Flooring is not the only future use for New Zealand’s coarse wools. Annabelle Latz writes.

What goes on in the lab in Lincoln, these products should one day be picked up by businesses for use in areas like cosmetics and skin care.

Out on Foxdown Farm in North Canterbury’s Scargill Valley, Andy Fox is shearing his sheep at a net loss and as an animal health expense.

He believes coarse wool is a tough subject in the sheep industry and it needs global consumers and supporting businesses to see its true value before anything will change.

The 1600ha rolling hill farm is home to 6000 Wairarapa Romney ewes with wool of about 34–36 microns, and 250 Hereford Angus-cross cows. Fox is operating a breeding, finishing, and store programme, just like his father, grandfather and great grandfather have done. Foxdown Farm has been in the family for 145 years.

Fox says the NZ Wool Board did a good job marketing coarse wool from the 1960s to 1990s when the product was doing well. It was before crossbred wool became regarded as too scratchy for woollen blankets and fashion items. Coarse wool then transitioned successfully into the market of floor coverings such as carpets.

Seeing products like yoga mats made from coarse wool on the market today is encouraging. Fox is positive that woollen carpet will have a comeback despite the number of options people now have for flooring products.

He uses crutchings for mulching his lemon trees after shearing.

Fox is chair of Wool Research Organisation of NZ (WRONZ), which 10 years ago identified challenges for the wool industry. It pivoted to focus on identifying “new uses for strong wool” via ground-breaking research on deconstructing wool down to cellular and particle levels. It developed to a point where WRONZ established Wool Source, an entity focused on creating the commercial pathway for the products ready for release into the world.

Wool Source is jointly funded by WRONZ and the Ministry of Primary Industries via the Sustainable Food and Fibre Fund.

Fox says a decision was made a decade ago to focus on the New Uses programme. It’s about converting coarse wool (32–38 micron) into new uses, post farmgate.

“Wool but not as we know it,” he says, while looking at the bright coloured powders before him on his kitchen table.

He has been involved in the programme for five years, and sits on the board of both Wool Source and Wool Research Limited (the science programme subsidiary).

WRONZ is working on a joint venture with the Ministry of Business, Innovation and Employment, which finishes in February 2023. The result has been laboratory work undertaken at Lincoln University to break down strong wool to find new uses for it.

Fox acknowledges Wool Source chief executive Tom Hooper, lead scientist of Lincoln Agritech Dr Rob Kelly, and senior adviser of WRONZ and Wool Source Garth Carnaby for their work.

The research is getting closer to the commercial markets but still has elements to overcome, Fox says.

“It’s important we get there.”

He says driving traditional markets, such as woollen carpets, encouraging new businesses and developing disruptive new products like the programme can drive up demand for wool and help the sector recover.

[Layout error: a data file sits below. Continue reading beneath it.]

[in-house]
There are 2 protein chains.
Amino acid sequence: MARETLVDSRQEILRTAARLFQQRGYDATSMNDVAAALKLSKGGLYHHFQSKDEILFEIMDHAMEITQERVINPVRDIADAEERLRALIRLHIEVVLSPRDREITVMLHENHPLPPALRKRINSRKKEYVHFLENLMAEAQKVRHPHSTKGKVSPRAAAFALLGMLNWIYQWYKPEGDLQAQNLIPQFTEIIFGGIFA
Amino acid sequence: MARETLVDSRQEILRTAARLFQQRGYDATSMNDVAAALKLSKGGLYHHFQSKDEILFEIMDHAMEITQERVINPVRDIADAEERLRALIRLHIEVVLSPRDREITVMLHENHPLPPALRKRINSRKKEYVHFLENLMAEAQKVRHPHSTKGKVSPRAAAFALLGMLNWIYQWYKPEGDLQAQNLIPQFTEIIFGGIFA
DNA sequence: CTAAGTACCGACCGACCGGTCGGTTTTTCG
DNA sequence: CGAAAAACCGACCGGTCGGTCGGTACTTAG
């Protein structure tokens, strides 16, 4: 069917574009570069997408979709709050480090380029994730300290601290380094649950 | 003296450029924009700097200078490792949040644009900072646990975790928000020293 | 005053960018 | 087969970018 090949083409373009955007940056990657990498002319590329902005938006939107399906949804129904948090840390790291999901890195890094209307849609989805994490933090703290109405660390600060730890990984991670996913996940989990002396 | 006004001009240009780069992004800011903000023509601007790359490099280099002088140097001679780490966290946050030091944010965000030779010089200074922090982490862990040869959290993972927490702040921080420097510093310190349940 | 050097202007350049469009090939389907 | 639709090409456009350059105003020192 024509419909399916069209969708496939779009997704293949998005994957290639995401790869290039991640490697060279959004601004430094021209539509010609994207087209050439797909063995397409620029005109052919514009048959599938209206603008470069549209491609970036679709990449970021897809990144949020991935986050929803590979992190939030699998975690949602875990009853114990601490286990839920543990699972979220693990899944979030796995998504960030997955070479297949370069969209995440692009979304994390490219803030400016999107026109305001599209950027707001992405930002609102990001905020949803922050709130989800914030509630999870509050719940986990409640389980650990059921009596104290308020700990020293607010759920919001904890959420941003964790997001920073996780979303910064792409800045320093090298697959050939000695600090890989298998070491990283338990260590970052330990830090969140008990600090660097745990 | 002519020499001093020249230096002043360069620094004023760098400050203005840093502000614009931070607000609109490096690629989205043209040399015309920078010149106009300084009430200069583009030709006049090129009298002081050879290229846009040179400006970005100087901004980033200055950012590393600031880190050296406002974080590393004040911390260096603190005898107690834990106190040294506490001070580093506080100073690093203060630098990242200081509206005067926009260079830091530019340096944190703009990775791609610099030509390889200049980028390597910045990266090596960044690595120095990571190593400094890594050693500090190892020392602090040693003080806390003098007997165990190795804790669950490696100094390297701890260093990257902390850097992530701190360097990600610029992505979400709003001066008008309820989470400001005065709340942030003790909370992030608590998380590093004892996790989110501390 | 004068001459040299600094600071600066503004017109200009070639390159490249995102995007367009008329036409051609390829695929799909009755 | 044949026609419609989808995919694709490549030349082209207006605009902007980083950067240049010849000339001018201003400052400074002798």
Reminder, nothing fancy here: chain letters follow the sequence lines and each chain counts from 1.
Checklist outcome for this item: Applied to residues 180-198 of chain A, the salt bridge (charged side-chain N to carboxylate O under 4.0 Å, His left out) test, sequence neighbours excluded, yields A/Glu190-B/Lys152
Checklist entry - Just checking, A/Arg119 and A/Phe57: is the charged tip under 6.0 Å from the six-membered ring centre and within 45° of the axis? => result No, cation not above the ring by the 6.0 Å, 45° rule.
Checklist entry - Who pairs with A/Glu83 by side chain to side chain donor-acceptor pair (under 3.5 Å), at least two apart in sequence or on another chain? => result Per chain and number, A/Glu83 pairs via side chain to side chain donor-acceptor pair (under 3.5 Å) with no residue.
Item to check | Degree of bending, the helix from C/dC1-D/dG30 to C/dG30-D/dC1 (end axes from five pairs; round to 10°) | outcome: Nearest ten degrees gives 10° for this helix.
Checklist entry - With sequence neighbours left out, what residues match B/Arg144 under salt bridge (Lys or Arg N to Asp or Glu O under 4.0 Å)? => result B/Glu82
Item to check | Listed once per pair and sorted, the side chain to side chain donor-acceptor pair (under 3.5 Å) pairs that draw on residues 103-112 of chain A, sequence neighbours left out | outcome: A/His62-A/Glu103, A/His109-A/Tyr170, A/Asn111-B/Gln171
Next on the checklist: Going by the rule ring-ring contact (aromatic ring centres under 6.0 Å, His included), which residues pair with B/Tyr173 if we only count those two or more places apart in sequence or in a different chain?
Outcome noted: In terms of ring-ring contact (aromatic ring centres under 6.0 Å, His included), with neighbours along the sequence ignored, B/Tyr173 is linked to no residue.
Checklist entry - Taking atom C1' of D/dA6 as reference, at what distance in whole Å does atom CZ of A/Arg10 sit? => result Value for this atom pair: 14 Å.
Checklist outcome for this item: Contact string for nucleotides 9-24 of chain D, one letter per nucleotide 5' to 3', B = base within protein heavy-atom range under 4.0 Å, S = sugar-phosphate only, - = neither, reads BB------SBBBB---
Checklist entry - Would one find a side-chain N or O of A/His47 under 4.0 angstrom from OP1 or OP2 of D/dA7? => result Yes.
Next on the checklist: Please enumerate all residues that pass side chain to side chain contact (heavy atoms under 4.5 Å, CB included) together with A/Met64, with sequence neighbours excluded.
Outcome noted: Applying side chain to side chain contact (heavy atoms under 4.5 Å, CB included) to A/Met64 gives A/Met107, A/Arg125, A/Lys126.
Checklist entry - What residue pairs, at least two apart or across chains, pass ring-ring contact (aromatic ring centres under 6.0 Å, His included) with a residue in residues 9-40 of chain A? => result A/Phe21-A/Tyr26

For the programme in the laboratory, the wool is broken down mechanically, chemically, or with enzymes, or a mix of the three. The five new uses for the programme at a research level involve working with particles, the four-step process of powders and pigments, carrying out scalability testing, separating cells to create natural filters, and producing fibres.

Because wool is made up of 98% of the protein keratin, a tough fibre that sits on hair and nails in humans, it also bonds well with another natural fibre, cotton.But It is harder to work with and break down as the scale of wool in the laboratory increases.

Fox says part of the challenge in the research is trying to increase volumes while accommodating the changes caused when heat is applied to the product. At the moment they’re scalability testing, working with batches of up to 200kg of wool a day.

Research is specifically focused on products and markets that can support higher prices for wool and benefit the growers, rather than manufacturers looking for a low-cost input. The role of Wool Source is to pass a product on to a company that must promise to use New Zealand wool. It will use the IP of WRONZ, which will be licensed to Wool Source. The combination of all the programme’s work has targeted creating demand for 20,000 tonnes.

Fox says wool products tick many boxes for modern businesses, such as the sustainability and traceability factors and the environmental credentials they offer. It’s a big plus for wool that the animal doesn’t have to die to produce the product, and the sheep farming footprint is a lot lighter than other farming activities.

“I don’t think we can blame a generation in hindsight, but it’s vital we embrace sustainability, not live beyond your means.”

He says the human race has been living beyond its means for some time now.

From a traceability aspect, the wool for the programme will be sourced from suppliers who are sustainable, similar to a farm assurance programme. Coarse wool producers will also be offered a higher price if their wool is pesticide free.

Fox says being able to travel again has helped a lot too, and there is no substitute for face-to-face contact especially when trying to launch a new product.

“This has certainly helped with momentum and progress.”

He says companies want to engage with them and become more sustainable. People are beginning to ask questions. There is a greater drive for sustainable and renewable resources.

“It’s started with energy, but is getting wider.”

Fox knows not all the products in the New Uses programme will be a success, but overall it’s looking promising, so he won’t stop trying.